Rising temperatures mean more pests and lower yields
As global temperatures rise, crop starts will also increase significantly. This is primarily about corn, wheat and rice, which are the food staple for billions of people. Rising temperatures will accelerate metabolism and growth of pest populations, new research indicates.
Researchers at the University of Vermont estimated how toob growing insect populationow on an increasingly warmer Earth will affect crop yields. Climate warming will result in greater energy consumption by insects, forcing them to consume more.
According to calculations, a one-degree increase in temperature will result in greater losses in wheat, rice and corn crops worldwide by 10-25 percent. Researchers also predict an increase in pest populationsow, which will certainly put pressure on farmers.
– Climate change will have a negative impact on crops. We will observe increased pest activityow – said Scott Merrill of the University of Vermont, wsporoutor of a study published in „Science”.
The changes will primarily affect the region ofow with temperate climates. An increase in the global average temperature of just 2 degrees will result in total crop losses in corn, rice and wheat of about 213 millionow tons per year – say scientists. Corn, wheat and rice are food staples for the billionthoin people around the world.
Losses will result from the insect’s increased metabolismow and the faster population growth rate of the insectow. The link to metabolism is simple – assessed Merril. – When temperatures rise, the metabolism of insectsow increases along with it, so they have to eat more. This will certainly affect crops – admitted.
The relationship to population growth, however, is more complex. Insects have an optimal temperature, in which theorej their population is growing the fastest. If the temperature is too low or too high, the population will grow more slowly. Therefore, losses will be greatest in temperate regions, but less severe in the tropics.
– Regions with temperate climates do not currently have optimal temperatures (for insectow), so if the temperature there increases, their populations will grow faster. Insects living in the tropics are already near optimal temperatures, so their populations will grow more slowly – explained Merrill.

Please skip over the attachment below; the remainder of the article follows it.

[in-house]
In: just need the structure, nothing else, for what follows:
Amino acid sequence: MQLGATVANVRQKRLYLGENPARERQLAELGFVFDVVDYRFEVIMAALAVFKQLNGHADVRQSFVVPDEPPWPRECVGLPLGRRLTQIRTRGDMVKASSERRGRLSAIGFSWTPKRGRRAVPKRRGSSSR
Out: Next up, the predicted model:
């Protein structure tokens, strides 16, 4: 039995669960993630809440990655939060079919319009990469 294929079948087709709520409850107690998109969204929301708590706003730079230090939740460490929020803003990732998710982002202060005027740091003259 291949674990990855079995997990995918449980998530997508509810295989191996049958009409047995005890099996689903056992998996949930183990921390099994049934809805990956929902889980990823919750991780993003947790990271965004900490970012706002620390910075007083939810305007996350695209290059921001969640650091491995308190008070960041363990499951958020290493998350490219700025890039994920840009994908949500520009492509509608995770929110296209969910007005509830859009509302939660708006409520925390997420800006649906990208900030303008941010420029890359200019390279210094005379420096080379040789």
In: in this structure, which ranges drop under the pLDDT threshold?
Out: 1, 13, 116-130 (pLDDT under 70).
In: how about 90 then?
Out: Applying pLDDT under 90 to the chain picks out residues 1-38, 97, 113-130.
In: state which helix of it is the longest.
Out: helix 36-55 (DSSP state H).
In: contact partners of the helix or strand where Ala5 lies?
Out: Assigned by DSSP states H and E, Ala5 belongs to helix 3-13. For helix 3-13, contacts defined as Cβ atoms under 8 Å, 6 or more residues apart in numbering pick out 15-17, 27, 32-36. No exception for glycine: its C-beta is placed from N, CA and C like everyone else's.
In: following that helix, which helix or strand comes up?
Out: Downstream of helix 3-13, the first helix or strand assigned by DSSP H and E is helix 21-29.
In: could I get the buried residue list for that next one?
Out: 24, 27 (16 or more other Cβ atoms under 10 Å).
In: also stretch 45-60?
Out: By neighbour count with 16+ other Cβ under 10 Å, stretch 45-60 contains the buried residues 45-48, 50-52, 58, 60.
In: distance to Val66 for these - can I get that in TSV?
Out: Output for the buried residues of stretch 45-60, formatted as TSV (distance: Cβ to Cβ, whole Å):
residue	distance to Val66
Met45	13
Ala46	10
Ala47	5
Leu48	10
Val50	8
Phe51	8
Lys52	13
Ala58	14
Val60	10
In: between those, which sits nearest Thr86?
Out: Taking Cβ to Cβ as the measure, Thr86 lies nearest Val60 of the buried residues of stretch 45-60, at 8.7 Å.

Wheat will suffer the most, ktora usually grown in colder climates. This will be the cause of larger insect populationsow and their higher metabolism. Warming will affect corn and rice crops to a lesser extent. In the case of rice, if temperatures rise by more than 3 st., starts could stabilize. Rice is grown mainlyownie in warm tropical environments. An increase of more than 3 st. will cause the temperature to be for insectoin too high – i.e., population growth will decline, but zroThis balances out the increased metabolism of the pestow.
– Our research shows the importance of collecting more data on how pests will affect crop losses in a warming world, said Curtis Deutsch of the University of Washington, co-oroutor of the publication.
France, China and the United States, ktore produce most of the world’s corn, are among the countriesoin whichohe greatest increase in crop losses is expected in the. France and China are also majorown the major producers of wheat and rice, so a warming climate will affect them the most.
Reduced yields in these three basic crops are particularolny problem. Their total consumption provides 42. proc. calories consumed by people around the world. Increased yield lossesow will cause a decline in food security, particularolnie in those parts of the world whereorich already occurs. This could lead to conflictow on this background.
As for the increased activity of the pestow farmers will react? They can postpone planting dates or switch to new, more resistant crop varieties, but they will have to roalso find ways to deal with the army of pestow, which will likely mean using more pesticideow.